With the first pick, Cleveland would select future All-Star center Brad Daugherty from North Carolina. Second, the Sixers then traded Moses Malone, power forward Terry Catledge, and two middle first-round selections to the Washington Bullets for center Jeff Ruland and power forward Cliff Robinson. Ruland was an excellent rebounder and outlet passer. The trade’s rationale hoped that Ruland could rebound the basketball and then outlet pass it to Barkley for fast breaks directed at another end of the court. The plan was solid, but Ruland had chronic knee problems.
Against Doctors’ Advice
The Sixers’ doctors advised then-team owner Harold Katz against the trade, but Katz overruled his advisors and made the transaction. Ruland would only play five games in his first year in a Sixers’ uniform. Ultimately, Ruland would play with the club briefly a few seasons later. Roy Hinson was acquired because he put up great numbers against the Sixers, and he was acquired with the intent of defending against Boston’s All-Star power forward, Kevin McHale. Hinson was a perfect example of a guy who put up numbers on a bad team. However, he was not talented enough to help the Sixers return to the NBA Finals. All Sixers fans knew in the final analyses that these moves would prove detrimental to the franchise.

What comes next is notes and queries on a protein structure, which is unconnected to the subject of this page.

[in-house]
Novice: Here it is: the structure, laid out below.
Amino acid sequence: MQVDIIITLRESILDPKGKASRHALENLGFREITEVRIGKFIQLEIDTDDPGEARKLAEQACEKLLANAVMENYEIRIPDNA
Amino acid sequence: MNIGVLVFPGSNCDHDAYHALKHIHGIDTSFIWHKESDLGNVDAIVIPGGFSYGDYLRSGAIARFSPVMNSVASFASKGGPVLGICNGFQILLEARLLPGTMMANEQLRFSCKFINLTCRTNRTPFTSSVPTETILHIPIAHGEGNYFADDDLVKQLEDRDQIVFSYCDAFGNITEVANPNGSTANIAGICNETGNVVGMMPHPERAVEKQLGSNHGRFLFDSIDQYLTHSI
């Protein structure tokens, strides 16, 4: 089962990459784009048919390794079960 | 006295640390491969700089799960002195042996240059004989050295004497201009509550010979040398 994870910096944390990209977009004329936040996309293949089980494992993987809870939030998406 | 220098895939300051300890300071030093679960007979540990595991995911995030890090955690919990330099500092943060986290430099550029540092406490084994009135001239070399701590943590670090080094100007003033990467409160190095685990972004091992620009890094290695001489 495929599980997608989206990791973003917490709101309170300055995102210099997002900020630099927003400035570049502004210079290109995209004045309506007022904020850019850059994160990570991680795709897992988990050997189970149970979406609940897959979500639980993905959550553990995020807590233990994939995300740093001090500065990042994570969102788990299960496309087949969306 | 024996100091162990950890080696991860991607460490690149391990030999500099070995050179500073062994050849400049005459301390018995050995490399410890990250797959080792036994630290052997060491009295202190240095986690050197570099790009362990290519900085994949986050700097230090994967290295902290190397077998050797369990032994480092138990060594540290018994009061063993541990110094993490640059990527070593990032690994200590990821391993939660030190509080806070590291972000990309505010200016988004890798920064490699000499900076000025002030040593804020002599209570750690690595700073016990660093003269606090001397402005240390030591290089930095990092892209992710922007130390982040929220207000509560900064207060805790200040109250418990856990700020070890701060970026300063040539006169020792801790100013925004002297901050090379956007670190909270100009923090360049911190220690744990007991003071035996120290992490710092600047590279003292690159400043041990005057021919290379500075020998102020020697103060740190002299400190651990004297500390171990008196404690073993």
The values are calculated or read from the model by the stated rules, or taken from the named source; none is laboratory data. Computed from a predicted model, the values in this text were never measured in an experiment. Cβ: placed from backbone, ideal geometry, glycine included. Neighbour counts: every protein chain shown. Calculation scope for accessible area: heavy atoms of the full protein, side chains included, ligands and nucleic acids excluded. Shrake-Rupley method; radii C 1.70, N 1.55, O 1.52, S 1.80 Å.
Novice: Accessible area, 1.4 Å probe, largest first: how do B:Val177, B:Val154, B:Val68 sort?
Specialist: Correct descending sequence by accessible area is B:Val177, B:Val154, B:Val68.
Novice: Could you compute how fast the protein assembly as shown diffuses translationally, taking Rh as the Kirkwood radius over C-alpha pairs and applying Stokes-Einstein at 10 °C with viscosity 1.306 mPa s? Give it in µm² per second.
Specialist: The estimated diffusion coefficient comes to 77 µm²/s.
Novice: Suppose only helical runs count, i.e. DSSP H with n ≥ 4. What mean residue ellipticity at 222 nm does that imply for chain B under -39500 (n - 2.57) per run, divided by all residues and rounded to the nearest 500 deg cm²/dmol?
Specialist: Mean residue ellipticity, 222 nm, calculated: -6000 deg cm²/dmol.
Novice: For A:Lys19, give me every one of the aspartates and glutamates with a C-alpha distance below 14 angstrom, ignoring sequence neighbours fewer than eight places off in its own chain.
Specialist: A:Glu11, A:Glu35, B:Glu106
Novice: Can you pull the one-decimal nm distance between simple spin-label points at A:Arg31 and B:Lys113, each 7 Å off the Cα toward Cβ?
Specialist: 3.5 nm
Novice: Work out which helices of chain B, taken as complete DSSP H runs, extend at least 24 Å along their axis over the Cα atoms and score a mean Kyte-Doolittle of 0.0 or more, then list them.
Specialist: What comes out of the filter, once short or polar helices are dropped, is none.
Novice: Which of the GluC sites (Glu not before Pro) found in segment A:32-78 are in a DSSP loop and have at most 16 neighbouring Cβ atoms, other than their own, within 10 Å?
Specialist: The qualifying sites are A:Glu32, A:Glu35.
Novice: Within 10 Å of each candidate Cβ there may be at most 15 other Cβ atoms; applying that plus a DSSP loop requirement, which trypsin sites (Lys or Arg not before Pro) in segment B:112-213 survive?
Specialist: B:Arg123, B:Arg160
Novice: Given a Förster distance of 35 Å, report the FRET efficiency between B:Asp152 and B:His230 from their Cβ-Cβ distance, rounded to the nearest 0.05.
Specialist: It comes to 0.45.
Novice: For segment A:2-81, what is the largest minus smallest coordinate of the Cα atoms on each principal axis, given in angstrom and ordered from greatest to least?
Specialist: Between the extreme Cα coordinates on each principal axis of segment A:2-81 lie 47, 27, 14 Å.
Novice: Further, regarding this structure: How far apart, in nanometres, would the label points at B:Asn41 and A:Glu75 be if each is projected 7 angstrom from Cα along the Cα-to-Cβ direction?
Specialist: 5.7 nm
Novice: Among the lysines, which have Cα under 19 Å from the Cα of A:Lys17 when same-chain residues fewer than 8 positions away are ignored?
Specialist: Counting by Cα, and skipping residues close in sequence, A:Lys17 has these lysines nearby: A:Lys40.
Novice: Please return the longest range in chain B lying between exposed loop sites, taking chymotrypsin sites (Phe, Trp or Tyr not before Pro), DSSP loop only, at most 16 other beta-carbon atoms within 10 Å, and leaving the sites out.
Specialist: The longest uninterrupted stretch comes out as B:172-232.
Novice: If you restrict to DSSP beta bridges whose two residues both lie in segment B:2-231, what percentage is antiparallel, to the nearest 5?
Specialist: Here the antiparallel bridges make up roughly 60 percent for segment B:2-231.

Things Start Slipping Away
These poor personnel acquisitions, coupled with shooting guard Andrew Toney’s foot problems and Erving’s eventual retirement, ruined Barkley’s chances at winning a title in Philadelphia. Barkley was establishing himself as one of the game’s greatest players during this period, but he had little assistance from his teammates. His best chance at winning an NBA title in Philadelphia came in the 1989-1990 season when they won the NBA’s Atlantic Division with a 53-29 record. The Sixers were led by head coach Jim Lynam, and the Sixers had acquired power forward Rick Mahorn, previously of the world champion Detroit Pistons (aka “Bad Boys”). This team was fun to watch, as Mahorn and Barkley were affectionately called “Thump and Bump” for their physical style of play. However, they proved no match for the Michael Jordan-led Chicago Bulls, losing four games to one in that postseason’s Eastern Conference semifinals.